Cloud automation and orchestration tools are in high demand, but with all the available options, choosing the right...
one is a challenge. The best option for your company ultimately depends on your current and future goals, as well as the functionality you need.
In general, there are two categories of cloud automation and orchestration tools, often referred to as cloud management platforms (CMPs), said Charlie Burns, principal analyst at Information Services Group. These are:
- Provider-native: tools that a public cloud provider, such as Amazon Web Services (AWS), IBM or Microsoft, provides and supports.
- Third-party: tools that a third-party vendor, such as BMC, Cloudify or RightScale, provides and supports.
When an organization evaluates a CMP, it often focuses on the pros and cons of these two broad categories, Burns said. However, the focus should first be on core CMP functionality.
Specifically, enterprises should assess whether the functionality of a CMP meets both their current and future requirements. For example, if an organization plans to move toward hybrid cloud, it should determine if the tool provides a consistent UI to support public cloud services, as well as in-house infrastructure. Other features to look for in a CMP include automated data backups and the ability to automatically spin down cloud resources when they're no longer needed.
Native vs. third-party tools
While the core functionality of a cloud automation and orchestration tool is important to evaluate, there are some general tradeoffs to consider to choose between third-party and provider-native options.
For example, AWS CloudFormation and Azure Resource Manager (ARM) are native provisioning tools. The cloud providers didn't intend for these tools to compete with other management tools, but rather to make it as easy as possible to consume AWS or Azure resources, said Torsten Volk, senior analyst at Enterprise Management Associates. But one drawback is that these native tools require provider-specific knowledge.
Despite their benefits, cloud automation tools are not without risks, and businesses need to implement them carefully, said Adam Shnider, vice president of operations at cybersecurity consultancy Coalfire.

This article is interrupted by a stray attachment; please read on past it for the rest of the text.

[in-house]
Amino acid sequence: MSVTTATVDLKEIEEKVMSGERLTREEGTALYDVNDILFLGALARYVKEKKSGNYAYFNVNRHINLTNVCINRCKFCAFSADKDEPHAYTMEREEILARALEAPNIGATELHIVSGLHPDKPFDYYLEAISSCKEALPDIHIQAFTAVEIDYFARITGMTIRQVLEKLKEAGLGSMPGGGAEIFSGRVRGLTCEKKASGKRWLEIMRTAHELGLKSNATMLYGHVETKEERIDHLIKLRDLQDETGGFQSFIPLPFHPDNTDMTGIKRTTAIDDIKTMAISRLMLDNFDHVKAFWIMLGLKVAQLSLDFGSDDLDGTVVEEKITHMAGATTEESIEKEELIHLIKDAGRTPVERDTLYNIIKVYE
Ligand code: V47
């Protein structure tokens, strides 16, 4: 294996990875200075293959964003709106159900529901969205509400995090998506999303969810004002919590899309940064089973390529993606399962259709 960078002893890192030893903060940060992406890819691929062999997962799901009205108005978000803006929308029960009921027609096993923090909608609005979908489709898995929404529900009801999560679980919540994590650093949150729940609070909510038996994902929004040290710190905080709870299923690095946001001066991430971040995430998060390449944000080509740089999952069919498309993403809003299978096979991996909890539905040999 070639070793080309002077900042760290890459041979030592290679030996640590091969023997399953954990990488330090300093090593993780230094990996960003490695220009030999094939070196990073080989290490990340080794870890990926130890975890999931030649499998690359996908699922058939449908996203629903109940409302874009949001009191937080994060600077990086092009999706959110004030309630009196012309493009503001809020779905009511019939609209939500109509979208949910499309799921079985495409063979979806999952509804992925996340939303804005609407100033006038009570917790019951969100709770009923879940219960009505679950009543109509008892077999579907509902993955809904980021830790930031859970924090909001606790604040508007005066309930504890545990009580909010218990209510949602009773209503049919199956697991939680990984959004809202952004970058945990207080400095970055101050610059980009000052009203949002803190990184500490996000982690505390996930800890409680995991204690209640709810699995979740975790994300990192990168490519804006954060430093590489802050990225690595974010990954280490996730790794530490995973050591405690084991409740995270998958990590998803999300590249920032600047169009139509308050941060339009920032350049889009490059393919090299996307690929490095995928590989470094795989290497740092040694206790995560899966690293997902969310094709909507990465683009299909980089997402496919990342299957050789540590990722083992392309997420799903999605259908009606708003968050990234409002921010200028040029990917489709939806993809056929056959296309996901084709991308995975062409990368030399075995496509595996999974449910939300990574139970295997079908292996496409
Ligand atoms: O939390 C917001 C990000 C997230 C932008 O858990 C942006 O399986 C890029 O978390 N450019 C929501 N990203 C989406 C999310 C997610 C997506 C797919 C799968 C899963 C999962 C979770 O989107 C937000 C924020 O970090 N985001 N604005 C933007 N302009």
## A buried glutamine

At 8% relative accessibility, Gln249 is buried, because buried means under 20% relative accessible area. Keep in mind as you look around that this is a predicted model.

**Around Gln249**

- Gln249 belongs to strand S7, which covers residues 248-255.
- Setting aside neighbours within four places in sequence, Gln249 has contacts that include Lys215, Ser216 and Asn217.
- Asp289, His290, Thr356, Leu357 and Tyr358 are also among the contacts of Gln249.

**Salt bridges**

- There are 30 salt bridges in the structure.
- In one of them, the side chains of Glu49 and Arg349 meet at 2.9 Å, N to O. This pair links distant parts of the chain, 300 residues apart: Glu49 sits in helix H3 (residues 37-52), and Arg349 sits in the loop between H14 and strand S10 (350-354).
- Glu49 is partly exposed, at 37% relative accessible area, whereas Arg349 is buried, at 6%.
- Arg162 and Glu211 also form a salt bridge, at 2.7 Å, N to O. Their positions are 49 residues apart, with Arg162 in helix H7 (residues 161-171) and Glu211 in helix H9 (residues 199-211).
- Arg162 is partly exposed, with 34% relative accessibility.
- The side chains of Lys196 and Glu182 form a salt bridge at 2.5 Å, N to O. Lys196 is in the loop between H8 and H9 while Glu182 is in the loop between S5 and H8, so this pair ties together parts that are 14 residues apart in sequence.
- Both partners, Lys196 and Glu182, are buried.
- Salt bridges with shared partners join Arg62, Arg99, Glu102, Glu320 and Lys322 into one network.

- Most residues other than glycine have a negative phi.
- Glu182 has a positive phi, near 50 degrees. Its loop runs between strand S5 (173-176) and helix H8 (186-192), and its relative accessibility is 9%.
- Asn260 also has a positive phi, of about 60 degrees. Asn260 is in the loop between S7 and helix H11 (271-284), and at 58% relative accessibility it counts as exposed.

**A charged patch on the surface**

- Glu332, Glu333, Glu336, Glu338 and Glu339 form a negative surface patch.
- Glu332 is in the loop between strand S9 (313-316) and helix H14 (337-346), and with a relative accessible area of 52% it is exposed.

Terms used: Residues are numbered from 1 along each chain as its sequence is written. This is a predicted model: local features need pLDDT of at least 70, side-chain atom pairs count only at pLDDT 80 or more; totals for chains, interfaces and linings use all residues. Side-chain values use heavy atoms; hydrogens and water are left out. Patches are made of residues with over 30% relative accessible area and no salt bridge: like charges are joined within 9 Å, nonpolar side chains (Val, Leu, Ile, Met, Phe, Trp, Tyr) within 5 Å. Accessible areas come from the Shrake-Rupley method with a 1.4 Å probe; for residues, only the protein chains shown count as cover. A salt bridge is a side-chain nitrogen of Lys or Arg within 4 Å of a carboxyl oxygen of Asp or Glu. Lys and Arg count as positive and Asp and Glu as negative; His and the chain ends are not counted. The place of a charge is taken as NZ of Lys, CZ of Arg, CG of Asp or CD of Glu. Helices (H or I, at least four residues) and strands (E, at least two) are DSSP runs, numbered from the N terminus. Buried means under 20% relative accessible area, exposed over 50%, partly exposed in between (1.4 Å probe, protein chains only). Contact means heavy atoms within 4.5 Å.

"[Companies] must have appropriate processes to allow for proper review, testing and development lifecycles to ensure the automation will provide the benefits that you intended to gain," he said. "Uncontrolled automation tools can result in malicious changes to a larger population of systems and applications and compromise important business information."
On the other hand, third-party cloud automation and orchestration tools, such as Quali or Cloudify, require more generic architectural knowledge to design complex environments, and you don't need to learn proprietary languages, he continued.
In the end, it depends on whether you are comfortable with your cloud provider or not. If the native tools meet your current and future needs, stay with them. "If you want to entirely live in the Amazon universe, you can get all of these tools from AWS," Volk said. "Amazon even baked in Chef, as this would have been the one component difficult to imitate."
But if you use external DevOps pipeline automation tools, have a local data center or want a multi-cloud environment, then third-party software might be the better option. You can choose more traditional cloud platforms, such as vRealize Automation, Cisco CloudCenter and Embotics; modeling tools, like Quali, Terraform and Cloudify; or application automation tools, such as Chef Habitat and Puppet Enterprise, Volk added.
That said, keep in mind that AWS CloudFormation and ARM templates do integrate well with other tools, as Amazon and Microsoft have well-structured and well-documented APIs.
Multi-cloud leans toward third-party tools
Multi-cloud management tools are not new, and there is an active market filled with big players, like IBM, Microsoft, Hewlett Packard Enterprise and BMC, said Dave Bartoletti, vice president and principal analyst at Forrester.
"There is a need to manage multiple clouds from one console, which argues for third-party tools, but the native tools have grown up and gotten much better," he said.
Bartoletti compares the situation to the many hypervisor tools that came on the market 15 years ago to address virtualization. For example, as VMware vCenter was adopted globally, there were fewer arguments for third-party tools.
"People are inclined to adopt whatever tool comes in the box, and the same thing applies to cloud providers," he said.
Still, there will always be some argument for third-party tools, according to Ned Bellavance, director of cloud solutions at consulting firm Anexinet. Native tools will always be more feature-complete and up-to-date than the third-party tool sets, but the latter gives users a more consistent look and feel and common knowledge base.
"For shops that will be embracing multiple clouds, a single tool to perform deployment and configuration tasks is preferable to the native tools in each cloud offering," he added.
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